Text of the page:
Lab people: The people working in the Pienta lab are dedicating to understanding the ecology of cancer, how cancer metastasizes and developing new therapies for patients suffering from cancer.
Sarah Amend: Sarah is a post-doctoral fellow in the lab and received her undergraduate degree from N.C. State University in Biological Sciences and did her Ph.D. thesis work on contributions of the microenvironment to bone resident cancer at Washington University in St. Louis. She is studying the role of the malignant cancer niche in inducing cancer cell biodiversity.
Haley Axelrod: Haley is a graduate student in the Cellular and Molecular Medicine program at the Johns Hopkins School of Medicine. She is a native of California and graduated from UC-Irvine with a degree in Biological Sciences. She is working on understanding mechanisms of cancer cell dormancy in the bone microenvironment.
James Hernandez: James graduated in 2011 and has been working at the Dr. Pienta’s lab as a laboratory technician. He is studying the process and factors that are associated with epithelial-mesenchymal transition (EMT) and mesenchymal-epithelial transition (MET) in prostate cancer. James also investigates differences between M1 and M2 macrophages.
Ardeshir Kianercy: Ardeshir received his Ph.D. in 2013 from the Information Science Institute at the University of Southern California (USC). He has master’s degrees in Mechanical and Chemical Engineering. He is pursuing his post-doc in the Pienta lab studying how to apply game theory to cancer.
Steve Mooney: Dr. Mooney is a native of Minnesota where he obtained his bachelor’s degrees in Chemistry and Statistics from the University of MN. He obtained his Ph.D. degree in Biochemistry under to supervision of Professors Ralf Janknecht and Jeffrey Salisbury at the Mayo Clinic. At Johns Hopkins, Dr. Mooney is focused on the transcriptional regulation of epithelial to mesenchymal transition (EMT) and the reverse process (MET) within prostate cancer models. Others have shown that micrometastisis within the bone are present in most patients however prostate cancer only becomes lethal once these lesions actually awaken from dormancy and proliferate. This process requires EMT/MET, which Dr. Mooney is studying using a diverse array of methods.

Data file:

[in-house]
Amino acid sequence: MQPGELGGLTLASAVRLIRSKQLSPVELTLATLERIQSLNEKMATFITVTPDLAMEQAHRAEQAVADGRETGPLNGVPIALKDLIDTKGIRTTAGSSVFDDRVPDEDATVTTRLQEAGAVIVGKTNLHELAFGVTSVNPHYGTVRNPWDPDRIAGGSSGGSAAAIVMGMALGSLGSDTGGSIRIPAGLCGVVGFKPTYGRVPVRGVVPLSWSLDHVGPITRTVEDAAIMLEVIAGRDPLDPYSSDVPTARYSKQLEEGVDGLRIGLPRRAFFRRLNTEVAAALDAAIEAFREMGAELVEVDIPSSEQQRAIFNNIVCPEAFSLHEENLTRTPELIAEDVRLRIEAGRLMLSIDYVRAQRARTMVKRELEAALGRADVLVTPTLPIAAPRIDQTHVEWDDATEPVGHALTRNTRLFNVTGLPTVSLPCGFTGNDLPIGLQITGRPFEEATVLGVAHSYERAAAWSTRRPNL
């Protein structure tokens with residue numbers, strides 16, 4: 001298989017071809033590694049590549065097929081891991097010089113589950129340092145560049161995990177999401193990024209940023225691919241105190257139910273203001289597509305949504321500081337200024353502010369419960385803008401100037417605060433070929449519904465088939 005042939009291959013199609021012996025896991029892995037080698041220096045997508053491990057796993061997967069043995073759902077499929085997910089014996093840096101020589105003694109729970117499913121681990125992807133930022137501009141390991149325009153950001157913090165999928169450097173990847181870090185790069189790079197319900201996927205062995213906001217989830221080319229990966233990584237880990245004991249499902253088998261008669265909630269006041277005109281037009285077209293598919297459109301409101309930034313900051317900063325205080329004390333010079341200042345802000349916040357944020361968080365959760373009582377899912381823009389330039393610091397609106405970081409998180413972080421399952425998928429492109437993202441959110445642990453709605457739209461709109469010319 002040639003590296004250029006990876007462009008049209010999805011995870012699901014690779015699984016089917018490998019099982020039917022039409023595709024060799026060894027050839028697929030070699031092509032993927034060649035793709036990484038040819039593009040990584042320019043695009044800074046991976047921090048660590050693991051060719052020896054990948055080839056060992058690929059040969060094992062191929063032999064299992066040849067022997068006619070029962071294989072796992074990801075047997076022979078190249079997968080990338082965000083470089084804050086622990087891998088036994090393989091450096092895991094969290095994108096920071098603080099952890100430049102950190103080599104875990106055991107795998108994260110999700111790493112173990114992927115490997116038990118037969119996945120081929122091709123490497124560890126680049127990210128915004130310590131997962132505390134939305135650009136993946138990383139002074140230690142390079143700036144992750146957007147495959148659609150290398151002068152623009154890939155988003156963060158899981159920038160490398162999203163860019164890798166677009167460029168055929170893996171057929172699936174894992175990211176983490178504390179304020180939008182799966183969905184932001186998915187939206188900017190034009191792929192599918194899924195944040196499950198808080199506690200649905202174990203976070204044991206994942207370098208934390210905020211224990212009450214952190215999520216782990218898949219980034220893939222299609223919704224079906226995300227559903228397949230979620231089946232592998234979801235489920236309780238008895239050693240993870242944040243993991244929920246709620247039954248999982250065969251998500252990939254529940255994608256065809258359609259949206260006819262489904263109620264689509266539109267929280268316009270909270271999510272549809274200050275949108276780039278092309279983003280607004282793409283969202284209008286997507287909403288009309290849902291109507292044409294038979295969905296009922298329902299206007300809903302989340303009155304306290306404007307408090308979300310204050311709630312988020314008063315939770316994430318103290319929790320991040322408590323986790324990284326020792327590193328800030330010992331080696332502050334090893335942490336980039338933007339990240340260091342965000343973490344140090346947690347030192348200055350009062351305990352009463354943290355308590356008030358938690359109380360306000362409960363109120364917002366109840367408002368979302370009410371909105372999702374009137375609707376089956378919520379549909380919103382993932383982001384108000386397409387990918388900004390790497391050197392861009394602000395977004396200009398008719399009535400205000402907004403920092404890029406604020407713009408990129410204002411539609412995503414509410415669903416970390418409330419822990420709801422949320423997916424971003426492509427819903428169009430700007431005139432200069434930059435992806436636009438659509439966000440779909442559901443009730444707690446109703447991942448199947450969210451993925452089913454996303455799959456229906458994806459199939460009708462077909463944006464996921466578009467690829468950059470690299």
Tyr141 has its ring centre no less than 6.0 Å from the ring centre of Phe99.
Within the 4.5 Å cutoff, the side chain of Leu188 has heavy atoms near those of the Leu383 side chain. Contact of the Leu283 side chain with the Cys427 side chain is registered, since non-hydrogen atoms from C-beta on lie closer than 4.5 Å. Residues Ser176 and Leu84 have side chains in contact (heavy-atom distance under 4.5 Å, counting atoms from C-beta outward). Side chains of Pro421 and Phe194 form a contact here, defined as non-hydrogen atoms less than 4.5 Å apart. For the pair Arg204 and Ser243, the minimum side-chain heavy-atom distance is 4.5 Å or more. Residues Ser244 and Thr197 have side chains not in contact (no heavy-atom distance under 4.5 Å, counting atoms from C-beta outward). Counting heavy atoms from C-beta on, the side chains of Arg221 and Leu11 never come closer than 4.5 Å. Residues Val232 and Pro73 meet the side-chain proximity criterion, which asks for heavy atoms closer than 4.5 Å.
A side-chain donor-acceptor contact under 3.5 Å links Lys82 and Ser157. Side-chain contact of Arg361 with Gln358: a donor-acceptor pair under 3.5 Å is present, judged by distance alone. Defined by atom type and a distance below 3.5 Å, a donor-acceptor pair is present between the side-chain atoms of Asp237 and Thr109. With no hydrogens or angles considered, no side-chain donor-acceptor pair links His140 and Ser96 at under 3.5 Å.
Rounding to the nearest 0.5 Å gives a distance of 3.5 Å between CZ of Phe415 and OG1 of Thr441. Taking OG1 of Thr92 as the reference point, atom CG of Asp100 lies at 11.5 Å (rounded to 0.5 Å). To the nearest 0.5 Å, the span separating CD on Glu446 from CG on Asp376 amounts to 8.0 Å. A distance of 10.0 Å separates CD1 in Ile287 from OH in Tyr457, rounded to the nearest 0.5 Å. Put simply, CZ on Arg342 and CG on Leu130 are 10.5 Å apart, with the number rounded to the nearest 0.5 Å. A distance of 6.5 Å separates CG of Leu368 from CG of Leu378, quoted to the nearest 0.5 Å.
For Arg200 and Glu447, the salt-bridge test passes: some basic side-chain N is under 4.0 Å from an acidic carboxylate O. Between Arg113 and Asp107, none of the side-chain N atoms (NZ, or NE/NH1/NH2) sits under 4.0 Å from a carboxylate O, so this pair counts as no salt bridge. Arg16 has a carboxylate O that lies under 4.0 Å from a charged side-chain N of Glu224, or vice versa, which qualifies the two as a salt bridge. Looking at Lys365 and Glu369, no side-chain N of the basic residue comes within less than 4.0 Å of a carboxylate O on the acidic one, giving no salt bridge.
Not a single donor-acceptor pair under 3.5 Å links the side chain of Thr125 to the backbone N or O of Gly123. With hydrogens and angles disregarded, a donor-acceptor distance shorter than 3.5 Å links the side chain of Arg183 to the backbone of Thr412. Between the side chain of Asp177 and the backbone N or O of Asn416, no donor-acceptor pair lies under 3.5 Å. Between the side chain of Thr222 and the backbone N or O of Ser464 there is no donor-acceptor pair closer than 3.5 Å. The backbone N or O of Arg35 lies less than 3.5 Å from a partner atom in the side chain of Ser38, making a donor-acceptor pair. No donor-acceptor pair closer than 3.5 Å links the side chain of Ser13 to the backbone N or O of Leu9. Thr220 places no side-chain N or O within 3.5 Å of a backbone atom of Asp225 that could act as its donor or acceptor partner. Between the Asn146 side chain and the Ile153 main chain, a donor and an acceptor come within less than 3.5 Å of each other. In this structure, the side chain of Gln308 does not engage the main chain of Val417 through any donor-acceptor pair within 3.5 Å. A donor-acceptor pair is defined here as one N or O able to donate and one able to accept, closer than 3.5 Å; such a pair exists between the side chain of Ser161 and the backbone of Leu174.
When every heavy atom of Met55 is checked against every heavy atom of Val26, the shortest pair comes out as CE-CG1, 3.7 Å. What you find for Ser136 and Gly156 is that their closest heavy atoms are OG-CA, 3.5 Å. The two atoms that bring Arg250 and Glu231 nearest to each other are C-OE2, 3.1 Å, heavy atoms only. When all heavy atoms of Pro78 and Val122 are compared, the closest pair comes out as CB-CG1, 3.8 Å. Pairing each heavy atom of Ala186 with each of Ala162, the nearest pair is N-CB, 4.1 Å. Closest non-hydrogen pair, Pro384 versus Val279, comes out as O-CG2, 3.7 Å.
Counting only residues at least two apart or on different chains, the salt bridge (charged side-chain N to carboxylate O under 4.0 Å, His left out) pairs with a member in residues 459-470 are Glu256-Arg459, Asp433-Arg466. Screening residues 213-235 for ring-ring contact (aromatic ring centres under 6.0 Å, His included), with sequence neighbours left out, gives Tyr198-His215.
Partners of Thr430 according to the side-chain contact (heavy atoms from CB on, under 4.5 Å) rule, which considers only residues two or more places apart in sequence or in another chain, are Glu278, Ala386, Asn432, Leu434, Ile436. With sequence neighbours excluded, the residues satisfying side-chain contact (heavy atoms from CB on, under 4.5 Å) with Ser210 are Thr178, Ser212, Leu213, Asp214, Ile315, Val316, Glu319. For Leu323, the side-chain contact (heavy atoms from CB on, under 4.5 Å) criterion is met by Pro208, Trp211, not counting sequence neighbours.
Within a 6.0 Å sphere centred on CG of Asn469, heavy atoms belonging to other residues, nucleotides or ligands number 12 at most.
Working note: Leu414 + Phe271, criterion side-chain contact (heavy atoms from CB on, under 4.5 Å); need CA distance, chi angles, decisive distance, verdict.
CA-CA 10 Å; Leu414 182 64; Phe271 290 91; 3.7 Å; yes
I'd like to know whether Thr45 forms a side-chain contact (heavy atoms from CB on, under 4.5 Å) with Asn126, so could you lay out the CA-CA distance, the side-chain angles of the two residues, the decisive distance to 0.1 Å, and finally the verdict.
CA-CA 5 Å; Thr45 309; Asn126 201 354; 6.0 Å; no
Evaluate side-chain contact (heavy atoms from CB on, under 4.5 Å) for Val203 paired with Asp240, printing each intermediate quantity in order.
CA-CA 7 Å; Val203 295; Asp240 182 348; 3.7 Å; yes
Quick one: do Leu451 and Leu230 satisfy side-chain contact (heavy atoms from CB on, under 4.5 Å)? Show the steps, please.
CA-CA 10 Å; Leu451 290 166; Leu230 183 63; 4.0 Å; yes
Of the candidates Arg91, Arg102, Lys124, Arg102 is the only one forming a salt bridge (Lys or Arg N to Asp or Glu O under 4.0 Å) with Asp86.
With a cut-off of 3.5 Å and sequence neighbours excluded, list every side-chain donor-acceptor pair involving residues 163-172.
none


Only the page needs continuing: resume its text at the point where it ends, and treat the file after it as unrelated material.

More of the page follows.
Princy Parsana: Princy graduated from Johns Hopkins with a Masters degree in Bioinformatics in 2013. Princy is a graduate student in Computational Science and is being joint mentored by Dr. Pienta and Dr. Alexis Battle to apply machine learning to studying epithelial to mesenchymal transitions and cancer cell dormancy.
Gonzalo Torga: Gonzalo is an MD from Spain who is interested in pursuing a career in Medical Oncology. He joined the Pienta lab in spring of 2014 to study translational research while developing new therapies for prostate cancer.
Ken Valkenburg: Ken is a post-doctoral fellow in the lab who received his undergraduate degree from Ferris State and did his Ph.D. thesis at the Van Andel Institute in Grand Rapids, MI on Prostate cancer mouse models of APC and smad4. He is currently studying the mobilization of PCa cells from the hematopoietic stem cell niche.
James Verdone: James was born and raised in New Jersey. He from Johns Hopkins University in Biomedical Engineering program in 2013 and came to work in the laboratory as a technician. He is studying cell morphology and applying his BME skills to the EMT / MET projects.
Don Vindivich: Don Vindivich was neither born nor raised in Maryland however he is proud to say “Ich bin ein Baltimoron”. He studied at Towson University, obtained his degree and immediately began work in the Urology Department here at Johns Hopkins. Don has been the key leader of the laboratory under 3 Urological Research directors. Don’s major interests in the lab include rare cell isolation and facilitating the cataloging of human urological specimens.
Jelani Zarif: Jelani received his Bachelor of Science and M.S. degrees in Biological Science from Jackson State University. He received his PhD in Cellular and Molecular Biology from Michigan State University in the lab of Dr. Cindy Miranti in 2014. He joined the Pienta lab to study prostate cancer biology and to develop new treatments for metastatic prostate cancer.
Takumi Shiraishi, MD: Takumi joined the Dr. Pienta’s lab in the fall of 2013 as a post-doctoral fellow. He researched the alteration of cancer metabolism using epithelial and mesenchymal prostate cancer cell models and their impacts on cytoskeletal remodeling. He left the lab in August 2014 to return to Japan to practice Urology.